• That picture is so sexist! Draping a gorgeous scantily-clad model across a car just to get the male optics! For shame! (j/k – but she *is* gorgeous.)

    • Nothing sexist about it as she seems pretty, healthy and happy. It’s only the world around you telling you that fat is the new norm. Don’t be fooled, this is how women in Eastern Europe look like now and it is how they looked 40 years ago in the US too.

      • (I’m not sure, but I suspect that’s Zach’s wife….)

        • I suspect so, too. It was meant to be a humorous compliment to his healthy, happy family.

        • If sha is Zach’s wife than I’m not surprised he agreed to move to Poland. :-)))

          • She’s my sister 😀 But I’m sure she’ll appreciate the positive attention.

      • I was joking! That “(j/k)” I wrote means “just kidding”.

        I was referring to the “auto booth babe” you see at some of the trade shows when, of course, the woman in the picture is nothing of the sort. Just a nice healthy, happy, etc..

        • i really thought she was playing the role here, but turned out she was just standing in front of the car in a natural way. sort of funny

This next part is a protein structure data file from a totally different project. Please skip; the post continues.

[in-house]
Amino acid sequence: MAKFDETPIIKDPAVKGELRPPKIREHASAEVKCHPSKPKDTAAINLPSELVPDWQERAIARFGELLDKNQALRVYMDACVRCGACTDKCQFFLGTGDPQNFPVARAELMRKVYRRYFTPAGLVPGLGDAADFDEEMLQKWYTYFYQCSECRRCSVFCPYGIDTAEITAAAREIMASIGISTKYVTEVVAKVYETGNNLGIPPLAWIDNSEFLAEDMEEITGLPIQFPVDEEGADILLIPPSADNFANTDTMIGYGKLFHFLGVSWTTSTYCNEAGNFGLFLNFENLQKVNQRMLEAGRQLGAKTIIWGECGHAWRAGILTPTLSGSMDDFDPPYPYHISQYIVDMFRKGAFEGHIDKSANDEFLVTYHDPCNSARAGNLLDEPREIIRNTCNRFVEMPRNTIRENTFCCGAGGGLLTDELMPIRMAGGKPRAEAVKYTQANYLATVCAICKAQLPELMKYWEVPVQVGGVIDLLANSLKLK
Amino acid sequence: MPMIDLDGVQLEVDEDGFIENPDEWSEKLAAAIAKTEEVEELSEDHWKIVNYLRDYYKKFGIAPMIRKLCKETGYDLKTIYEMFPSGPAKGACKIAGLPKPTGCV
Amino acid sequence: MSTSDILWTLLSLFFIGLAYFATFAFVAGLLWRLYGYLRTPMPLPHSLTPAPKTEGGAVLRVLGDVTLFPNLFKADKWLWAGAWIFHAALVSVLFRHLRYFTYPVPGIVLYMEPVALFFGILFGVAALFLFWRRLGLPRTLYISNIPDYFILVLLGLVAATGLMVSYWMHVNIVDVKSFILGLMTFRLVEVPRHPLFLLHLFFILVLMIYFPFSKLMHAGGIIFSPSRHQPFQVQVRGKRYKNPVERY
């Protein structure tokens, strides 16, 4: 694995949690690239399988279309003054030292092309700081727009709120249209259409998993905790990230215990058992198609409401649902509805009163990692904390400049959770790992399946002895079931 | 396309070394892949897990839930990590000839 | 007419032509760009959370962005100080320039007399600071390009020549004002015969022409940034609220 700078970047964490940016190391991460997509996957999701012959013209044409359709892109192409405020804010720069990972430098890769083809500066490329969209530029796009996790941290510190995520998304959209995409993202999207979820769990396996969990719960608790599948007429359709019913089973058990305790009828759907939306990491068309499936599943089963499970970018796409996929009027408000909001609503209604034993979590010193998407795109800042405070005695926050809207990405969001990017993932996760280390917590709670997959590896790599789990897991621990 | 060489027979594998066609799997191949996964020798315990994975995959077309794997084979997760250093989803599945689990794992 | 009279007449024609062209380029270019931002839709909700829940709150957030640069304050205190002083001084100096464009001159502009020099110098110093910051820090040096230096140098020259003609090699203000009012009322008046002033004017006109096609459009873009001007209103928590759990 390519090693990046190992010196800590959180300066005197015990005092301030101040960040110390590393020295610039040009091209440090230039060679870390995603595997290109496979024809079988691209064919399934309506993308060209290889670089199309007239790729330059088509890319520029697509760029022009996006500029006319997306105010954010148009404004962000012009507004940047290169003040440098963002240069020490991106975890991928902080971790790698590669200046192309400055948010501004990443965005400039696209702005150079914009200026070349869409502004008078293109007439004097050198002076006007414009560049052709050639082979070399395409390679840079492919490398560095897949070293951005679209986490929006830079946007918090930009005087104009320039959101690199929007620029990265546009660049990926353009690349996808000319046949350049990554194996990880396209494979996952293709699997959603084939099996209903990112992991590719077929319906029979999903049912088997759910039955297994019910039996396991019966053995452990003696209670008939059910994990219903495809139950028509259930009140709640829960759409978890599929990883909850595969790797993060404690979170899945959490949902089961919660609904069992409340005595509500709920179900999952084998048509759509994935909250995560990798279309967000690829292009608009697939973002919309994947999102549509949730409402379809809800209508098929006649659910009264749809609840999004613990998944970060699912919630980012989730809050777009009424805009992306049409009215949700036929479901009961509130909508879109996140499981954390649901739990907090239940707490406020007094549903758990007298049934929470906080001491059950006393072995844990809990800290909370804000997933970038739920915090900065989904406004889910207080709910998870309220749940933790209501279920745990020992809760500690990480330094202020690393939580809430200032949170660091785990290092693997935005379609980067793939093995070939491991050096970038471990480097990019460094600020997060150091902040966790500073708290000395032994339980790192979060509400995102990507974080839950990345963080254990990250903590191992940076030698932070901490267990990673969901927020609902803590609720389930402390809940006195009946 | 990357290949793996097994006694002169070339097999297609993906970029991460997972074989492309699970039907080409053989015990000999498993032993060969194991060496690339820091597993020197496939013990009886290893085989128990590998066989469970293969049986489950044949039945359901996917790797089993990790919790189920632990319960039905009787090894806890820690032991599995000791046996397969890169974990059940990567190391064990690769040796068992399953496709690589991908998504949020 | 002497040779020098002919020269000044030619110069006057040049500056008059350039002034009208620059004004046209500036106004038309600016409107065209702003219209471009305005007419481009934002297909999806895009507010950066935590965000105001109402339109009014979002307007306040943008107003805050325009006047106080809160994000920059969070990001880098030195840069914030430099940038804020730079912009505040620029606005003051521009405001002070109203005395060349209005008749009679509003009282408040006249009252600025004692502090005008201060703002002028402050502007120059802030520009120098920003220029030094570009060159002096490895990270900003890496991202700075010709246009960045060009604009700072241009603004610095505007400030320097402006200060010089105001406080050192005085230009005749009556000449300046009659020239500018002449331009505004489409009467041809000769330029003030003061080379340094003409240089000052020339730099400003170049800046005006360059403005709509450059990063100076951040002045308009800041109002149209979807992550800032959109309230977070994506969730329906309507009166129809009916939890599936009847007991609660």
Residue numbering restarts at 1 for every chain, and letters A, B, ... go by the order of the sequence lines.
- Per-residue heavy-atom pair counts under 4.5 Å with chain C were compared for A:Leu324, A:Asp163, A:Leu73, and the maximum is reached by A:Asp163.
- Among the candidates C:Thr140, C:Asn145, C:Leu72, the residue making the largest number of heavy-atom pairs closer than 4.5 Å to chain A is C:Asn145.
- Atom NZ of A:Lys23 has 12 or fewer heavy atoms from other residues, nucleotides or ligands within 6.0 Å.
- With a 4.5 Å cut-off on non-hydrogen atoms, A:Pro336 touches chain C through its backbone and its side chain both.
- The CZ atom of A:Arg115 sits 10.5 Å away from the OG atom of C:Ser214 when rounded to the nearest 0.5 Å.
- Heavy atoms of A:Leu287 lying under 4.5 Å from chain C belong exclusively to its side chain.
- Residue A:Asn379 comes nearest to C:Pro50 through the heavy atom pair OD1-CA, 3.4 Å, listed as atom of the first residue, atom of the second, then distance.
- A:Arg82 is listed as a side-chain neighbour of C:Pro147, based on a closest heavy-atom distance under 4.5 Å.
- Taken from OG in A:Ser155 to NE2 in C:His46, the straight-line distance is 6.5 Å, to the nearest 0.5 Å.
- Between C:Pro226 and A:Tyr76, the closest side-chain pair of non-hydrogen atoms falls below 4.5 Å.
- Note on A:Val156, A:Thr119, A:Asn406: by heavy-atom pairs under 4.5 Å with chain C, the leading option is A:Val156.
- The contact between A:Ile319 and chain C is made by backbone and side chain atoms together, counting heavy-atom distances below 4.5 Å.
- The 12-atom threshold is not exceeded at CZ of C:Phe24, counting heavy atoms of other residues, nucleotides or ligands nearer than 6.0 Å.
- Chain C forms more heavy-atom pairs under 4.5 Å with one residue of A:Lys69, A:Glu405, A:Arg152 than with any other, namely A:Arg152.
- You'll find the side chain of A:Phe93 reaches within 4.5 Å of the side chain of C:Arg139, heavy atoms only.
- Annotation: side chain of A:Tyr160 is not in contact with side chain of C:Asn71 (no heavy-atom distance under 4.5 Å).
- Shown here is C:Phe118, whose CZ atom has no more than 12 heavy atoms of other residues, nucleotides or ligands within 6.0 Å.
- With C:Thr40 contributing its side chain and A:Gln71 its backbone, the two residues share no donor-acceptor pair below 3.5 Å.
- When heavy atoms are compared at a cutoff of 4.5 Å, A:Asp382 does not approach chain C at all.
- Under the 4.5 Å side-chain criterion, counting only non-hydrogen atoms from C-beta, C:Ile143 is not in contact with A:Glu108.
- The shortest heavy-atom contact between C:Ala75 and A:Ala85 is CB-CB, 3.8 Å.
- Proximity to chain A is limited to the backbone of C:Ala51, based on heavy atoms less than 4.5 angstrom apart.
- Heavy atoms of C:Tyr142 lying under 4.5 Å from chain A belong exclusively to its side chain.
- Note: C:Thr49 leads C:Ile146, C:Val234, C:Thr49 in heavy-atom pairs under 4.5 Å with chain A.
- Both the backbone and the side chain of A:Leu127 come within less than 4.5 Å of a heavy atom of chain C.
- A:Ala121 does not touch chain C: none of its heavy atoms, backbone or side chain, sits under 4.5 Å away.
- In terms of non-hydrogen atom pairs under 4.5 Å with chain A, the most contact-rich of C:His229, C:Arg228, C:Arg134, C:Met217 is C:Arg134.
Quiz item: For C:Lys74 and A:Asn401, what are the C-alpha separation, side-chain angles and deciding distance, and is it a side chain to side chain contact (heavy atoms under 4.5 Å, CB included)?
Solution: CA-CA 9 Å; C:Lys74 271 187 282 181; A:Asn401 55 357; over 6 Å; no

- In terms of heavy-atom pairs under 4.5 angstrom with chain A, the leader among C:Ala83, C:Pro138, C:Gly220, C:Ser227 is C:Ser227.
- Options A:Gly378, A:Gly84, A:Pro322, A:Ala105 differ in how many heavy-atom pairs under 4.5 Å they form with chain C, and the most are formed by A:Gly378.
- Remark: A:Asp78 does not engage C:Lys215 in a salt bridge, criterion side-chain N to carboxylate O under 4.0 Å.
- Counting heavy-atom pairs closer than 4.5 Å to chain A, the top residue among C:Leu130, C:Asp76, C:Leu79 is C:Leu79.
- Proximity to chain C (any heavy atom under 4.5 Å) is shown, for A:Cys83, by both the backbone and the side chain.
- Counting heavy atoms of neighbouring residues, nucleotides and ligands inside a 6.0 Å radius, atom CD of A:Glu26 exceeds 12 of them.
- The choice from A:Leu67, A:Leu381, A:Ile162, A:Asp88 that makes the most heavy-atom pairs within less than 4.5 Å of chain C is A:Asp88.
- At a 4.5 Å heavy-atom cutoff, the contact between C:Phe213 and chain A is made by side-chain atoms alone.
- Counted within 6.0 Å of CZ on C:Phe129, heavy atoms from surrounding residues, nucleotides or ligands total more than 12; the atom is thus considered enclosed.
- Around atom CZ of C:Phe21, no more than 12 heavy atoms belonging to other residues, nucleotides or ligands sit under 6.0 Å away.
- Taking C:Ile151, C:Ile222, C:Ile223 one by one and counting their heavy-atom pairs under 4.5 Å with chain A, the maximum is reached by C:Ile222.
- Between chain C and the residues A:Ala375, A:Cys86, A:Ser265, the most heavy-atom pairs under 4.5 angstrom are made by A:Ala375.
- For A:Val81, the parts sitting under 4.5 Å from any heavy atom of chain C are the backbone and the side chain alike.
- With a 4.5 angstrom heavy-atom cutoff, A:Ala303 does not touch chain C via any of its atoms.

• haha. i meant to publish another article before this one. that’s my sister. so be careful what you all say here 😀

    • 2 follow-up points:

      1) my wife couldn’t make the trip for technical/legal reasons (immigration application process is open)

      2) i told my sister she was standing like the girls at the auto shows and she totally didn’t realize it. haha 😀

    • Smart Attractive Babes LOVE EV’s.
      I’ve noticed that.

      • “Babes”?

        Sure, there are plenty of attractive women who like EV’s. Along with ugly ones, I’d assume.

    • Worked for me 🙂

  • Cheaper to get the 85 mile Spark EV. If you live in California, the net cost to you is $79/month lease. The cost of electricity is $10/month on a separate meter.

    • It’s a good deal if you feel safe in it.

    • PA is a CARB state, yet, we don’t get this car either.

      • Don’t worry, 2018 is when the travel provision ends.

  • You committed?

    • We got it for my mom 😀 She’ll be doing a long-term review of it here. Very detailed. 😀

  • How about doing a stacked version of the two graphs so that it’s easier to see how money changes how people decide how much range they need?

    • this was the same question, just from the two surveys (non-EV drivers and EV drivers)

  • I think I’m with the majority here–a 130-150 mile Leaf might look pretty good. And I’m apt to be in the market in 2017.

    • That’s the range I’d go for. Enough for ~1 week of driving for me (i think), and enough to make a longer road trip that isn’t inconveniently long (i think).

    • Me too. Every one to two-weeks we do a round trip of 130 miles. Then, twice a year – 700 to 1000 mile trips over 3 days. All other is local. 150 would do nicely.